A Change in the Light

Dear Readers, yesterday was mostly a drab, dank day in Toronto, with everything in shades of grey. The buildings are often painted in a colour that I can only describe as ‘bottom of a stagnant pond’, and the chill winds whistle between the skyscrapers so that you feel like an ant in a ravine. We went for dinner at the Queen Mother Café, which is a big hit with local students, and even as we sat eating our chocolate pecan pie, the sky lightened and everywhere lit up with spectacular evening light.

We went for a quick walk to Grange Park, which is where you get a view of the Ontario College of Art and Design, with its Will Alsop-designed extension, the Rosalie Sharp Centre for Design. This ‘box’ is cantilevered above the existing college building, and has won numerous awards, but also seems to be popular with students and Torontonians alike – a serious effort was made to include all the major stakeholders in the design, and the playfulness of the structure seems to have won everybody over.

At the other side of the park is the Art Gallery of Ontario. In the photo below you can see the original buildings, from the 1840s and 1885, and above it the South Gallery, designed by Frank Gehry,  with its protruding spiral staircase and blue glass and titanium panels. The gallery is surprisingly integrated inside, but looks almost shocking from the outside – the blue panels remind me of tarpaulins and seems to give the whole thing a rather unfinished look.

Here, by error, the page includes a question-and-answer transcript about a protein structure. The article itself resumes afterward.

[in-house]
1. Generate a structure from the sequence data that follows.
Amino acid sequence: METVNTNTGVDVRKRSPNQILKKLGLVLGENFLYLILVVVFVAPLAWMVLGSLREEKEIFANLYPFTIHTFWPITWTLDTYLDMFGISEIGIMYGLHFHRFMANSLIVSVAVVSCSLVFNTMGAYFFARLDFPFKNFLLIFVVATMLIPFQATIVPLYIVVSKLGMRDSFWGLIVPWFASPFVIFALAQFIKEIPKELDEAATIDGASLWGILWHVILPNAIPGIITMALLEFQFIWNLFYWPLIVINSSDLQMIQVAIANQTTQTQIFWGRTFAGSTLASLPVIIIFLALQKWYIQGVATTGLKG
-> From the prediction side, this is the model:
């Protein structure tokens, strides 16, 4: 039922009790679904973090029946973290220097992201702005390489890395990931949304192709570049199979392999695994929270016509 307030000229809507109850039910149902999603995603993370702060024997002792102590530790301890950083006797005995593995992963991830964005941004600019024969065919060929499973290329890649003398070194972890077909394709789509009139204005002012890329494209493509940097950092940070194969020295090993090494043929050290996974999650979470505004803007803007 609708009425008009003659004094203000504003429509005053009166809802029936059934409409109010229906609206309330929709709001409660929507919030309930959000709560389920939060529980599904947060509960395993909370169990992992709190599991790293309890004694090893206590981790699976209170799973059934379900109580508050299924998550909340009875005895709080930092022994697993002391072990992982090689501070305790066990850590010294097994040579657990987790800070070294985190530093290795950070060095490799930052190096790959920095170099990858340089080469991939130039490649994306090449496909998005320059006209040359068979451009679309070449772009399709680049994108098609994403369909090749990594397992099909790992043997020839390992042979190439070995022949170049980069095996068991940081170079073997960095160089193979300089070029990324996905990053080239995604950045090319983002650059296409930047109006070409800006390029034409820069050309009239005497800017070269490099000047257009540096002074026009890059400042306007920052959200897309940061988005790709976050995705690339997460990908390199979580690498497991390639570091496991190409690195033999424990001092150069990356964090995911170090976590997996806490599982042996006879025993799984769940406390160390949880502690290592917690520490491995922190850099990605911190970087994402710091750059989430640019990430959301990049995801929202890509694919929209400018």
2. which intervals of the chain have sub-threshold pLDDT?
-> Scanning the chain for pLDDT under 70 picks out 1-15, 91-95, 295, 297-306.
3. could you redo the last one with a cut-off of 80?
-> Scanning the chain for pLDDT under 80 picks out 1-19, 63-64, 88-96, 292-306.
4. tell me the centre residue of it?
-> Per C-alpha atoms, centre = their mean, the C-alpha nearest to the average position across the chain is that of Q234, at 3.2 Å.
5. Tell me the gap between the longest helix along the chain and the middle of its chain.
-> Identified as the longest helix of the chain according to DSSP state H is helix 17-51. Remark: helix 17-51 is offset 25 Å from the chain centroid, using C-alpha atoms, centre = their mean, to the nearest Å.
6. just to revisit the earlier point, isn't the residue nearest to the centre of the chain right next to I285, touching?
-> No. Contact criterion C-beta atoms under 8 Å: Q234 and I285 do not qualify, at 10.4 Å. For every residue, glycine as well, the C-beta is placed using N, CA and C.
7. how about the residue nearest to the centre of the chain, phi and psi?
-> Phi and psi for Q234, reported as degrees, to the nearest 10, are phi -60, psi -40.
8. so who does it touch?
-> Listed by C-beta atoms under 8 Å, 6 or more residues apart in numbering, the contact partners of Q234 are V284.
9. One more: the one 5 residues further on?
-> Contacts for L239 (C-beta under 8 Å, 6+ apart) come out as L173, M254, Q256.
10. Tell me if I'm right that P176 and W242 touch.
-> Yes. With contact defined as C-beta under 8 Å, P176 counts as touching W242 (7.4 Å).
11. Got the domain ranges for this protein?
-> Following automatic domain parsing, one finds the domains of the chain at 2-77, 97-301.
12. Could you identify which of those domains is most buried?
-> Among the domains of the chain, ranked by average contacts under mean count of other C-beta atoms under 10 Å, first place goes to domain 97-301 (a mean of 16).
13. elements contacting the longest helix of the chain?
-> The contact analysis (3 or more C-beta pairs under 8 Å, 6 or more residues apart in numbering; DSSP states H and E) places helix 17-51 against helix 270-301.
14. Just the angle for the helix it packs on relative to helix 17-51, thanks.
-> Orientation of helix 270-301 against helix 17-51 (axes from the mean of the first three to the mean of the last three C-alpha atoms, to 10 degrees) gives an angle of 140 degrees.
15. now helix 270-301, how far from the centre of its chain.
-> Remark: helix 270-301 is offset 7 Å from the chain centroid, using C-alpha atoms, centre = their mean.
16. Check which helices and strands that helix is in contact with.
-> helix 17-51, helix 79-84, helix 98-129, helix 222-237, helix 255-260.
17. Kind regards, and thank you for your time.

At the corner of the Art Gallery of Ontario, I found this chap.

He is constructed entirely from old leather sofas.

The artist, Brian Jungen, was inspired by the story of a circus elephant called, inevitably, Jumbo, who was killed by a train in Ontario in 1885. The work is called Couch Monster: Sadzěʔ yaaghęhch’ill. ‘Couch monster’ refers to the breaking of the animal’s spirit that is required to make it work in a circus – it becomes a ‘monster’ created by human beings for their own entertainment. Sadzěʔ yaaghęhch’ill comes from the Dane-zaa language of the Athebascan Native Canadians, and means ‘my heart is ripping’, speaking to the sadness and cruelty of keeping  living beings in captivity. I was very moved by this diminished creature, balancing on its little legs on a ball, wrinkled and powerless.


It just goes to show that you never know what’s around the corner in Toronto!

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